All criminal and mafia organizations in the world – in addition to consecrated and recognized leaders – have a dense network of invisible and unsuspected leaders. Often, these people who live in the shadow of the feared and adored bosses have a higher social status. At other times, they are the calculated fruit of the families, who raise them in the cult of the study, which is indispensable for governing the complex criminal dynamics. Other times, however, even without culture, they emerge from below for their own abilities but, instead of living in the light, they prefer to act and plot in the undergrowth.
The leader of the clan
Colombia and its criminal organizations are no exception. On the contrary. This is what the sixth and new installment of “NarCovid – Rivers of money for drug kings in the time of the pandemic”, now available only on Apple Podcast, tells us. This episode is also full of facts, stories, reconstructions and original rumors that, in this article, are only hinted at.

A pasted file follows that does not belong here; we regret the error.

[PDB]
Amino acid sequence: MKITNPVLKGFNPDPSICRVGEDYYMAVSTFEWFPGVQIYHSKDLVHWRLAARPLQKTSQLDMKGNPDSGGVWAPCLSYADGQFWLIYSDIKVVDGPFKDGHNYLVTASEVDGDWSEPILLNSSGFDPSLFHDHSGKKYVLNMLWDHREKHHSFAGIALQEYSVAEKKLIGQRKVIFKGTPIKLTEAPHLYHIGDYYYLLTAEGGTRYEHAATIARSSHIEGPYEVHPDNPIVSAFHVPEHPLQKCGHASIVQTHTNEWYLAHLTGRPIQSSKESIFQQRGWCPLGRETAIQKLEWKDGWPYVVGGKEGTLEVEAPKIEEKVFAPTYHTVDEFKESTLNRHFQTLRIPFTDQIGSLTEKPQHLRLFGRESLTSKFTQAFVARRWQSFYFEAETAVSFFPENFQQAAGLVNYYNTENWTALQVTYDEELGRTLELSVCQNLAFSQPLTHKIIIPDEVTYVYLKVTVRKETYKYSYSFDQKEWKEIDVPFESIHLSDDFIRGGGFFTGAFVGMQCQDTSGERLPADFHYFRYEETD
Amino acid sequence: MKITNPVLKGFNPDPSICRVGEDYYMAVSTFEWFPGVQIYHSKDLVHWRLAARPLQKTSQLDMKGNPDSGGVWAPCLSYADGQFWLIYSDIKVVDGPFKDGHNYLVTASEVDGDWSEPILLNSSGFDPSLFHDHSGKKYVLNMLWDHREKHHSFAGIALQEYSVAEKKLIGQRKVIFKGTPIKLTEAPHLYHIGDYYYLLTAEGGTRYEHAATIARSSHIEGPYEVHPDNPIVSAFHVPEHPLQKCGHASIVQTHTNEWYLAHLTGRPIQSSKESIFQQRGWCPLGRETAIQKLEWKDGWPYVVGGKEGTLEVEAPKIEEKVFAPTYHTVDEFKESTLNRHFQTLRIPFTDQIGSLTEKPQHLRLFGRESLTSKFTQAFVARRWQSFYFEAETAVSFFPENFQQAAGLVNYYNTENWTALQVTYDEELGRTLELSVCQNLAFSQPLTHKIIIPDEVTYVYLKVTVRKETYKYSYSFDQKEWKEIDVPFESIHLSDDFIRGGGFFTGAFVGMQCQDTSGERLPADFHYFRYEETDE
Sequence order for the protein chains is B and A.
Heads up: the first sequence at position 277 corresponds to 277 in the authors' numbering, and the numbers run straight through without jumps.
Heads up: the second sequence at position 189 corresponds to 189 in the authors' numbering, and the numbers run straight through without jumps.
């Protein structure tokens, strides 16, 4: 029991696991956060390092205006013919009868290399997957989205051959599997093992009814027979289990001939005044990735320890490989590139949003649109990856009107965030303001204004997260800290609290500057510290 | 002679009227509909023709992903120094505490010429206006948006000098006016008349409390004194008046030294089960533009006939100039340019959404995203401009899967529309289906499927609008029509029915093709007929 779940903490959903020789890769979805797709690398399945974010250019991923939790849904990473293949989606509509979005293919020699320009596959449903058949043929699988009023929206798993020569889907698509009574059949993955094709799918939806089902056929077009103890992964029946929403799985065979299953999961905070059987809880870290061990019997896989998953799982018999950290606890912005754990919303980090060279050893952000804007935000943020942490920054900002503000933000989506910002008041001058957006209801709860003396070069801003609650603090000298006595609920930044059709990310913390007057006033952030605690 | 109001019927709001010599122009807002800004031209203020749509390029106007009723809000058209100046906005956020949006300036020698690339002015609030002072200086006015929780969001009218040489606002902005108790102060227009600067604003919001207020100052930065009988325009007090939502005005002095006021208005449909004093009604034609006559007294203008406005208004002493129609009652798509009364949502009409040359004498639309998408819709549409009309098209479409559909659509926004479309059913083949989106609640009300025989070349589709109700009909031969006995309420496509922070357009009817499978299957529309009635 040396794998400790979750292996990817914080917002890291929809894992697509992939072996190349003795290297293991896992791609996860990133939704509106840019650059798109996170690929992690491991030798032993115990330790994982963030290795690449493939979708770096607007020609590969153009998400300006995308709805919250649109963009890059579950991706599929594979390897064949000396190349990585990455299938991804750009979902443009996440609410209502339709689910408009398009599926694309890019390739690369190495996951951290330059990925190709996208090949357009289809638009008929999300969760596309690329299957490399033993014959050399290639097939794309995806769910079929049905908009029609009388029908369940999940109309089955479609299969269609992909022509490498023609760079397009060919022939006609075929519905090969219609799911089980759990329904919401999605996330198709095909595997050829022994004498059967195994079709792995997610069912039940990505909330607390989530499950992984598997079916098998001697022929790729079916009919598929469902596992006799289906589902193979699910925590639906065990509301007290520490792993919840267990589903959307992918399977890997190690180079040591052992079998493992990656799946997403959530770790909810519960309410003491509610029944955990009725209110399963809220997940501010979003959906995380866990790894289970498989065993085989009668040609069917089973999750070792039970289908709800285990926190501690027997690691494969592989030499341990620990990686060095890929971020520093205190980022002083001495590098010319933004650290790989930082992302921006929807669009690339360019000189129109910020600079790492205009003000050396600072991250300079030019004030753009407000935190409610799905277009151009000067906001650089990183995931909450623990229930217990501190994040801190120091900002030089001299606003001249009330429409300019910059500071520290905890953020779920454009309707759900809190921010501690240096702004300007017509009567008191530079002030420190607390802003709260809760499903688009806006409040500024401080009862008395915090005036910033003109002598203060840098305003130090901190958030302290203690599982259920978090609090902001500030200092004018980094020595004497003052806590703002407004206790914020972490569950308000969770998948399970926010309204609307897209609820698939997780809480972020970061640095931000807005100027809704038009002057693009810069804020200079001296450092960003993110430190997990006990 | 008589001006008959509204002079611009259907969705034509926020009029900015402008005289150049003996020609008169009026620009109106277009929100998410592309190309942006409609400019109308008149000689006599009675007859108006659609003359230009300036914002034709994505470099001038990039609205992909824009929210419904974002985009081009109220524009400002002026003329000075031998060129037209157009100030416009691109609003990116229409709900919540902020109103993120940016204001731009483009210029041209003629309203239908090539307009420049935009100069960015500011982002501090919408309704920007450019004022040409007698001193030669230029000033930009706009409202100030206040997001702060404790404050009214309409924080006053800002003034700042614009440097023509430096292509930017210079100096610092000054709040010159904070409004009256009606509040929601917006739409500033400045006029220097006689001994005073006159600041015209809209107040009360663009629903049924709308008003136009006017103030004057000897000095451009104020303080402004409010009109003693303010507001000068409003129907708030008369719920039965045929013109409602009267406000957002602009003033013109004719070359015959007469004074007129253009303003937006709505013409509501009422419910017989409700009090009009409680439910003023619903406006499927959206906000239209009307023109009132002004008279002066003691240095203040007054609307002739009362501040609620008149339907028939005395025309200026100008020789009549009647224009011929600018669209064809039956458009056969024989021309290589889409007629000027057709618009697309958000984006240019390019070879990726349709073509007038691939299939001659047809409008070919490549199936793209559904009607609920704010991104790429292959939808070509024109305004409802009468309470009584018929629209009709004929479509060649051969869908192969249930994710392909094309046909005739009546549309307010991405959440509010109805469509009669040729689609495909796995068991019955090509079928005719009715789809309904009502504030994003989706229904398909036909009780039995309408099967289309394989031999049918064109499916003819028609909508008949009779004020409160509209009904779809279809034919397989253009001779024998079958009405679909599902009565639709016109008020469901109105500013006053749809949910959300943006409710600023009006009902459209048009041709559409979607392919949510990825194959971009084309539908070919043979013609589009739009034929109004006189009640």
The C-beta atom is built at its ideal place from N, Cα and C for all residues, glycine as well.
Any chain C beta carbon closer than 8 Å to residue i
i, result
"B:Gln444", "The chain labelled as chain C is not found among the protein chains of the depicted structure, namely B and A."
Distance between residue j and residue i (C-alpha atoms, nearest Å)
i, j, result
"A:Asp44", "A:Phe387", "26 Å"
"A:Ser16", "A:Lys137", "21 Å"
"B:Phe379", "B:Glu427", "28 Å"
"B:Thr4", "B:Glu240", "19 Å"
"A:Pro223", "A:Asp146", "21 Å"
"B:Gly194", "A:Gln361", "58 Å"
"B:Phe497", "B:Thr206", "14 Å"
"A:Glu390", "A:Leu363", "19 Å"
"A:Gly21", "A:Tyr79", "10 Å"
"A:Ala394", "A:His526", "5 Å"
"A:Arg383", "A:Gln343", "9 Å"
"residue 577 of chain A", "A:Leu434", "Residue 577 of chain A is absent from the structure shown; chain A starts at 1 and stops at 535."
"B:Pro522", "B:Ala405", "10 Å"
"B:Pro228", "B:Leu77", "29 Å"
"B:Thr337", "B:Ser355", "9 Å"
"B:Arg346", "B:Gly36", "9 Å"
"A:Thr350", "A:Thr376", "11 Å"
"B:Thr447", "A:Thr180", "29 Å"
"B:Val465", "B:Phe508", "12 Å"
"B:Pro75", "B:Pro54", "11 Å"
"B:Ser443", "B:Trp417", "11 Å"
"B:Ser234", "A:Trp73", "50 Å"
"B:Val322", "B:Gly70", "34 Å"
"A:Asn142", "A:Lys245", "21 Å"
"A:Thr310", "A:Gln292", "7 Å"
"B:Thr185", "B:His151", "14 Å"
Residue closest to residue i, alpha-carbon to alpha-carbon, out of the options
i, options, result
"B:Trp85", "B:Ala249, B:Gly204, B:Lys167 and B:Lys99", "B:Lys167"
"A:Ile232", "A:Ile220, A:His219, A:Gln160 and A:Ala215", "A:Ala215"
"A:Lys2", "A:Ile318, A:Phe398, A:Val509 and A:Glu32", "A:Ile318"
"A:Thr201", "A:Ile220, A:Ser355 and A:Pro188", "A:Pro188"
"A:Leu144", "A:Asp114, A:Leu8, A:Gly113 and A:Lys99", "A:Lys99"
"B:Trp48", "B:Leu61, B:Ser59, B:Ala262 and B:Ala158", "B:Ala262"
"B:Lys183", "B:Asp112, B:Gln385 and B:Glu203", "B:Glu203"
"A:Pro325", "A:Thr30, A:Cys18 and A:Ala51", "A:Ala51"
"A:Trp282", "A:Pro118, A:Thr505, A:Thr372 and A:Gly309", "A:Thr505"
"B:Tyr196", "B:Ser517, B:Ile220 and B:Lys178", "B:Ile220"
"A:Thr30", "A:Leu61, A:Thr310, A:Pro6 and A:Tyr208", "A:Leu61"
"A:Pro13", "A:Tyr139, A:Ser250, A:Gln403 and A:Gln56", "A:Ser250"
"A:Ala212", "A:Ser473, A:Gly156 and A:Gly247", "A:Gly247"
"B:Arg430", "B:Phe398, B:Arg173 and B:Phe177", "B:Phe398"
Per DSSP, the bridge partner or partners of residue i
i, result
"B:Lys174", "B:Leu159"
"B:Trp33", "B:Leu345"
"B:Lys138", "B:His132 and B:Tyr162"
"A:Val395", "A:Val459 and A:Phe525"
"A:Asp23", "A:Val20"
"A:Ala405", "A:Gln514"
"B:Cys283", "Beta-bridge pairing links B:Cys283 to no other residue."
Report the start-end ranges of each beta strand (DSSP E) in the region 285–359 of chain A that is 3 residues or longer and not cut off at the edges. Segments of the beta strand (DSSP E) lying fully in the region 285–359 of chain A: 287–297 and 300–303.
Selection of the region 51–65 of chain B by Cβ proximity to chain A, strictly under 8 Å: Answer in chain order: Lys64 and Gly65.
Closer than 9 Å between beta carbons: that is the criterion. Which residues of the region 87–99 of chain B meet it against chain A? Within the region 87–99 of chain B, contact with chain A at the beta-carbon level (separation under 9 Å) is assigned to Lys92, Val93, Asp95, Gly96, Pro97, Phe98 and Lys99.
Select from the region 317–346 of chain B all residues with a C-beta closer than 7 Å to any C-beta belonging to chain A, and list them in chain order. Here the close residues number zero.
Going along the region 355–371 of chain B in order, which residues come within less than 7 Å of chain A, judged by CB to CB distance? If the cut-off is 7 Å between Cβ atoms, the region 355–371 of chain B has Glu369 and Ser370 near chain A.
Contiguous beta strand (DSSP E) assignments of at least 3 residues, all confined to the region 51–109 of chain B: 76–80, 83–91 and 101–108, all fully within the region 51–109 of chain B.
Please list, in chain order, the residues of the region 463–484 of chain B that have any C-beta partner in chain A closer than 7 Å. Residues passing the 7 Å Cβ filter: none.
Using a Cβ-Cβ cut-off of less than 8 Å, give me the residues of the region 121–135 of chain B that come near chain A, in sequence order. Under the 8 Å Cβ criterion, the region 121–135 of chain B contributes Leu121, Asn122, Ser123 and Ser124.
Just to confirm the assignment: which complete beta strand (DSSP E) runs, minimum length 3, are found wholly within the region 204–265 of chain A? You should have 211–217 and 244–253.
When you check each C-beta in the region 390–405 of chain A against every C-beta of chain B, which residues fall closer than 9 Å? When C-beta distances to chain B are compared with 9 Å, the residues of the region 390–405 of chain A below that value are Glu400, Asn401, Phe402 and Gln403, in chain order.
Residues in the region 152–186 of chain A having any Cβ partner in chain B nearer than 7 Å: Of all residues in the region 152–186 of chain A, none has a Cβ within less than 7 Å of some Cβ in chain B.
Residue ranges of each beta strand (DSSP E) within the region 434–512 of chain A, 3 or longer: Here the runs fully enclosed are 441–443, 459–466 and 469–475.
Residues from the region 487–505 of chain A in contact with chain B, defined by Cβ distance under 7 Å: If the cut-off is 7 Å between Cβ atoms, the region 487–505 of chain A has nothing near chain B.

The head of the Gulf clan, Dairo Antonio Úsuga known as “Otoniel”, who now lies in Colombian prisons, had his head invisible. His name is Mario Elber Escobar – for all “Mario Bros” – and he would have been appointed by Otoniel to manage drug trafficking with other armed groups and to coordinate the flow of cocaine out of the country.
According to Colombian justice he is an invisible drug trafficker, with a fortune not yet calculated, who allegedly organized drug shipments abroad with the leader of one of the dissident groups of the Revolutionary Armed Forces. Since February, he too has been in his cell, accused of drug trafficking, although, as per the textbook, he denies all the charges. He too lived the life of a gentleman in Quimbaya, where he lived in a luxurious hacienda, ready to run around with one of his luxurious four-wheeled racing cars, now confiscated.
The Envigado Office
Luis Del Río Jiménez, also known as “el Tío” or “Señor T”, according to the US Drug Enforcement Administration and the Colombian Narcotics Agency is also a major drug trafficker with links to the Colombian underworld dating back to the 1990s. , when he worked with the Oficina de Envigado. He remained hidden for years – one of the many “invisible” or, if you prefer, “silent” as a part of the press calls them over there – who have skilfully moved behind the scenes, disappearing from the radar.